Education in France
6 reasons why French kids don’t have tantrums
French children behave very well, and for many parents, “tantrum” is a foreign word. Six reasons for this.
When you think of France, you might think of good food (especially cheese), wine, champagne, and the Eiffel Tower – but of course an entire country has a lot more to offer than that. French kids, for example, aren’t known to throw a tantrum at every little thing that doesn’t go their way. The online magazine “Mom Junction” explains why this might happen. In this article we summarized what we can learn from French parents.
There is no “baby food”
In France, there is no distinction between adult and child food – everyone eats the same thing. This means that French children are mostly used to food that our children might view with skepticism. The exceptions are hard-to-eat foods like oysters or lobster, and highly spicy foods. In general, food is celebrated in French culture – young gourmets ensure peace in the family through their taste buds, which are cared for from an early age.
No small snack between appointments, and some lunches can last hours. From an early age, children learn the rules of table etiquette, such as putting as much food on the plate as they can eat and not wasting any food. It is also a common practice to get together as a family to eat at least once a day.
Good behavior is a high priority
Courtesy, patience and consideration are taught to children in France from a very young age – and their parents are good role models. Neighbors as well as guests and strangers are greeted in a friendly manner. If you have to wait in line, do so patiently and undisturbed. Similarly, French parents teach their children that it is appropriate to provide seats for the elderly on buses and trains. The magic word “please” is taught and used early on, just like “thank you,” “you’re welcome,” and “have a nice day.”
Independence from an early age
In France, only mothers are entitled to ten weeks of maternity leave after the birth of their child. They can then extend their parental leave – but since this is not usually paid, most people refrain from doing so. Then, the children are in nursery school and kindergarten at an early age and get used to new conditions and people at the beginning of their lives, which benefits their independence. Sponsorship offers until the late afternoon are also very common in France. Many facilities for children aged three to six take care of the little ones until 4:30pm during the week – except on Wednesdays, which are usually taken care of after only half a day.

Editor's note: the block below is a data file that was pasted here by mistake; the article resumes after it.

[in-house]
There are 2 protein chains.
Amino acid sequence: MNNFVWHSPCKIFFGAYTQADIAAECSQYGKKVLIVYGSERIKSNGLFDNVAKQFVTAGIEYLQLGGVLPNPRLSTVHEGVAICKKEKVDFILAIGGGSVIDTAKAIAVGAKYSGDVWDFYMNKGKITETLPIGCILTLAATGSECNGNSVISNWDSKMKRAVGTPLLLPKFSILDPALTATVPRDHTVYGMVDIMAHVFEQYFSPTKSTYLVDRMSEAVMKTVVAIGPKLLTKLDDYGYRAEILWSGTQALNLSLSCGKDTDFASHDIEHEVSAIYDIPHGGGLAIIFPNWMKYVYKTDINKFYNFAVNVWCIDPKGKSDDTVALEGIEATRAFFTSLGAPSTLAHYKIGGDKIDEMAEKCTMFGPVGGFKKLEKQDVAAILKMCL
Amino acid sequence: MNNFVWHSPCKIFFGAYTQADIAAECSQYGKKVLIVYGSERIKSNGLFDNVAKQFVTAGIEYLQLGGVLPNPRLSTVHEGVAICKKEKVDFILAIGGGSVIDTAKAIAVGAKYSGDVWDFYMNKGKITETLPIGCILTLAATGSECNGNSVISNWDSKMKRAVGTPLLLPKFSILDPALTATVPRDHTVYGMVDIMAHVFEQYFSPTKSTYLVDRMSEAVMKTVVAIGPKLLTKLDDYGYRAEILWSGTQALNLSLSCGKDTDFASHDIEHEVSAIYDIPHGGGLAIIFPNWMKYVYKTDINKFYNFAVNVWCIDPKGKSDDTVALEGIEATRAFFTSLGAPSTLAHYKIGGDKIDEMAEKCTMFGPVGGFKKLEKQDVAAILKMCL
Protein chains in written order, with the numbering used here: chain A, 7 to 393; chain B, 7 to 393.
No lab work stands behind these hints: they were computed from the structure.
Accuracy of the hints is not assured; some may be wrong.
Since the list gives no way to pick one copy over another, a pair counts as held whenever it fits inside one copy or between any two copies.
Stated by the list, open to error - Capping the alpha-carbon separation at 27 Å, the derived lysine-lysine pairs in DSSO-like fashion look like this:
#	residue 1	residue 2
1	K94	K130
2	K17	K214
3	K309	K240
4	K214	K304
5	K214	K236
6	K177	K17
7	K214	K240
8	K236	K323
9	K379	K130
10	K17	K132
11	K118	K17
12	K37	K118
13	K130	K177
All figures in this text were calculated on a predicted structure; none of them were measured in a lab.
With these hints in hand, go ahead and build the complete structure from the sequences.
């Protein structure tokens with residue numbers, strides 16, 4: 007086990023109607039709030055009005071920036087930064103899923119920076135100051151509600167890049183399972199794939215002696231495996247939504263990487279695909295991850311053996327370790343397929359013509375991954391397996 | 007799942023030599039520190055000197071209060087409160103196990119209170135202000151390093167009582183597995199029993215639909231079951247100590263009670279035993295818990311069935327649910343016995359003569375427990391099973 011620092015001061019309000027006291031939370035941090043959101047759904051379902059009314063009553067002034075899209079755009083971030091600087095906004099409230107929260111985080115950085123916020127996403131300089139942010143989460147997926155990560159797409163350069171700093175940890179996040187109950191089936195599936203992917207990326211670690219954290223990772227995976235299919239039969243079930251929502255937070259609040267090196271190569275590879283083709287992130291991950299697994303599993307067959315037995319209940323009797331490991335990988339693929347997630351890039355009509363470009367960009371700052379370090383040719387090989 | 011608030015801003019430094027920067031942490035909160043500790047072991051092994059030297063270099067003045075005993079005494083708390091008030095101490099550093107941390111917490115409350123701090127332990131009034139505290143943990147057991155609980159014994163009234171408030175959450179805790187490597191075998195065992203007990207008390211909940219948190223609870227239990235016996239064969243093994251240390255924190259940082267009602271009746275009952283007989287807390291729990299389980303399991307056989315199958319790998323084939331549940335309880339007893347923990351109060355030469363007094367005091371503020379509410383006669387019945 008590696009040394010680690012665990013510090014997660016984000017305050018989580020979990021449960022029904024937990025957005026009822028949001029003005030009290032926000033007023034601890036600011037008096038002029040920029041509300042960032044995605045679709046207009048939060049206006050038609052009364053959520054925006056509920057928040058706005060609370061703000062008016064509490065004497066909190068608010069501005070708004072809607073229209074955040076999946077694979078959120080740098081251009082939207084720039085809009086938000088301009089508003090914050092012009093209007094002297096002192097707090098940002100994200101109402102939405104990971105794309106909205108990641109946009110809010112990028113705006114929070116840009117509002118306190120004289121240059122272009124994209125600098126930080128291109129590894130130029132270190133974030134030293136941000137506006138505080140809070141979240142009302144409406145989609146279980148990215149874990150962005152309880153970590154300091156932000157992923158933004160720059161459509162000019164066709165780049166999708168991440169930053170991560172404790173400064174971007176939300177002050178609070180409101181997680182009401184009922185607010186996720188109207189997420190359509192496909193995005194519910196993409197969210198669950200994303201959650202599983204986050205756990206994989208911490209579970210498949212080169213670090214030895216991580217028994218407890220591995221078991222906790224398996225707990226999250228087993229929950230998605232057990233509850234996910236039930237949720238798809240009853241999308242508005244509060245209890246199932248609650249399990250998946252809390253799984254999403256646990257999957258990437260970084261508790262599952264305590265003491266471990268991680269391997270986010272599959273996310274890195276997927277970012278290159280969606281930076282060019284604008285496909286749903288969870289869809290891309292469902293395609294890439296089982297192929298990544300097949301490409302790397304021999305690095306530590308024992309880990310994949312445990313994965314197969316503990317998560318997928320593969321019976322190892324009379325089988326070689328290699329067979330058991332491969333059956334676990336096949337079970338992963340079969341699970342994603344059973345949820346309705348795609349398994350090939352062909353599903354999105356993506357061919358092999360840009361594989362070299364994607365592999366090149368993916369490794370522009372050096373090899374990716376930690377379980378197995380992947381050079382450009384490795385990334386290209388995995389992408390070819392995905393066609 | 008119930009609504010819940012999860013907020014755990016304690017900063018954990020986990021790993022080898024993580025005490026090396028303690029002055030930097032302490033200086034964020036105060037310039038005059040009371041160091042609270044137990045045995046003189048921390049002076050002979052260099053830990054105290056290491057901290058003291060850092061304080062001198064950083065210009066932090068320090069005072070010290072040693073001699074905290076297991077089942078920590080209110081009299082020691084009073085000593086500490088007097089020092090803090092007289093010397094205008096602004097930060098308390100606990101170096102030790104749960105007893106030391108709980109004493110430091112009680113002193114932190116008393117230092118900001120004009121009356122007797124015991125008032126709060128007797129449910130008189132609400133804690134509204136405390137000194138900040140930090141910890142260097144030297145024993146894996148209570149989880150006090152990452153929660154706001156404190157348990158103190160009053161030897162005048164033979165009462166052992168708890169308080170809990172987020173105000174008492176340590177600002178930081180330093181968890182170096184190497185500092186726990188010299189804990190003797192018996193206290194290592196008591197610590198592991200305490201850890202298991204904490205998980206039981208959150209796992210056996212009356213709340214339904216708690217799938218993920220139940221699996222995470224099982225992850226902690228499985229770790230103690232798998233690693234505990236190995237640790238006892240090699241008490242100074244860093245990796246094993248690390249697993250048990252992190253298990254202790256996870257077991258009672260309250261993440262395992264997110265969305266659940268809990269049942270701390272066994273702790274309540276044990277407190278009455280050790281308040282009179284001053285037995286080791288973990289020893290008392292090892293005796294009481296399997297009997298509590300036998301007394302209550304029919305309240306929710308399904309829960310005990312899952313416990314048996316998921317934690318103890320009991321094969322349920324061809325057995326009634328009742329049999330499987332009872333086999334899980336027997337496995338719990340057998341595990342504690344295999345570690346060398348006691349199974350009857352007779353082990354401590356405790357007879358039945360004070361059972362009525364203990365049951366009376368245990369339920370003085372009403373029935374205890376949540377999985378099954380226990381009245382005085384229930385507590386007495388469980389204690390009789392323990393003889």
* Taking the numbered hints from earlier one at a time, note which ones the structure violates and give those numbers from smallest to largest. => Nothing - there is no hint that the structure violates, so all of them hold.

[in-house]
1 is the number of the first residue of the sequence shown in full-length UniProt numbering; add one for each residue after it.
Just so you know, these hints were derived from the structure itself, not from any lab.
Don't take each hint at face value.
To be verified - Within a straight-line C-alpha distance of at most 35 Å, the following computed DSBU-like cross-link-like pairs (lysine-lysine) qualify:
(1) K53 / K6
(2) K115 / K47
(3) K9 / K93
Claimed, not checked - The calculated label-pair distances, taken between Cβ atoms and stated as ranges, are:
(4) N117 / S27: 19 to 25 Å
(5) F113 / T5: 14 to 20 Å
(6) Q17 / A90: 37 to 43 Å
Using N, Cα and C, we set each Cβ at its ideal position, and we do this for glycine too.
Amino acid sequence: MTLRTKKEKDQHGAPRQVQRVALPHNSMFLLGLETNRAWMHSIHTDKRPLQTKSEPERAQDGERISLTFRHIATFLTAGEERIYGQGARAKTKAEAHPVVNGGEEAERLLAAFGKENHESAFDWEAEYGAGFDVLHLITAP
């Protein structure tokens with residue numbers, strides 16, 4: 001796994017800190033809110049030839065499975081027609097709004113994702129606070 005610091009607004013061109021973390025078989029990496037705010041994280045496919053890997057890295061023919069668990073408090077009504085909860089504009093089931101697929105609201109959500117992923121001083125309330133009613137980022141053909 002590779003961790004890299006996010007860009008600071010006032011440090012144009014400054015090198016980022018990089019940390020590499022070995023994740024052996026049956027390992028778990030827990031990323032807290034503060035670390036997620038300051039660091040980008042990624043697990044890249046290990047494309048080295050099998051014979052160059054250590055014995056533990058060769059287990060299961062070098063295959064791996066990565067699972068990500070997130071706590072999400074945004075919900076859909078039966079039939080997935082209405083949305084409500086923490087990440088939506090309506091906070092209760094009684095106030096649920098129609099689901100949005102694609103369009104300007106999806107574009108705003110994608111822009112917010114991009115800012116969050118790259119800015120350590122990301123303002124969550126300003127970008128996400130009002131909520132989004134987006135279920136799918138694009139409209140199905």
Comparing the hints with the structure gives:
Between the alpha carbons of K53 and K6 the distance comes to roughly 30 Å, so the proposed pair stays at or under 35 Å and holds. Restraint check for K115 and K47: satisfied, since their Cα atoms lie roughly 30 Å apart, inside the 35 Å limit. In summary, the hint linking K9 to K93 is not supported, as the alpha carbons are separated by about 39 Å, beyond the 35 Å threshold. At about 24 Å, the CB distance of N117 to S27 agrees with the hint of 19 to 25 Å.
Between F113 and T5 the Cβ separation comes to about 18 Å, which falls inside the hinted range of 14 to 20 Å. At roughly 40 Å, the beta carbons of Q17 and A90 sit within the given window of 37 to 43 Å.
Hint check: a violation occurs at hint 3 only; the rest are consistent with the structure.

Parents don’t meddle in everything
As a parent, it can sometimes be very difficult not to interfere in our children’s lives – after all, we only want the best for them and protect them from danger, pain and other negative experiences. In France, there is a strong belief that the free development of the child must be protected – as long as children do not abuse this freedom. For example, if a parent notices that their child is in an argument with their peers, they will not intervene, but first wait to see if and how the child resolves the conflict independently.
Family time is constantly used
Sunday is family day. This is practically an unwritten law in France. Children are usually not allowed to meet on Sunday, just as parents are not allowed to work on that day. Many French families plan Sundays in advance so that they can use the time together as effectively as possible.
Kids run their own money
It becomes stressful when going out to the supermarket at the latest. Because this is where all the cool things kids really want are collected. If the parents deny it, the screams quickly become loud and unpleasant. However, things in France often work differently: here, children receive their own allowance from their parents at an early age, which they can use freely. When they visit the supermarket and see something they like, they buy it themselves. The problem has been resolved. If what you want is too pricey, just save a bit and can’t afford it until your next visit. Children learn the value of money from an early age. The amount of pocket money usually depends on the age of the child.
Sources used: momjunction.com, connexion-emploi.com, tagesschau.de, kindergartenpaedagogik.de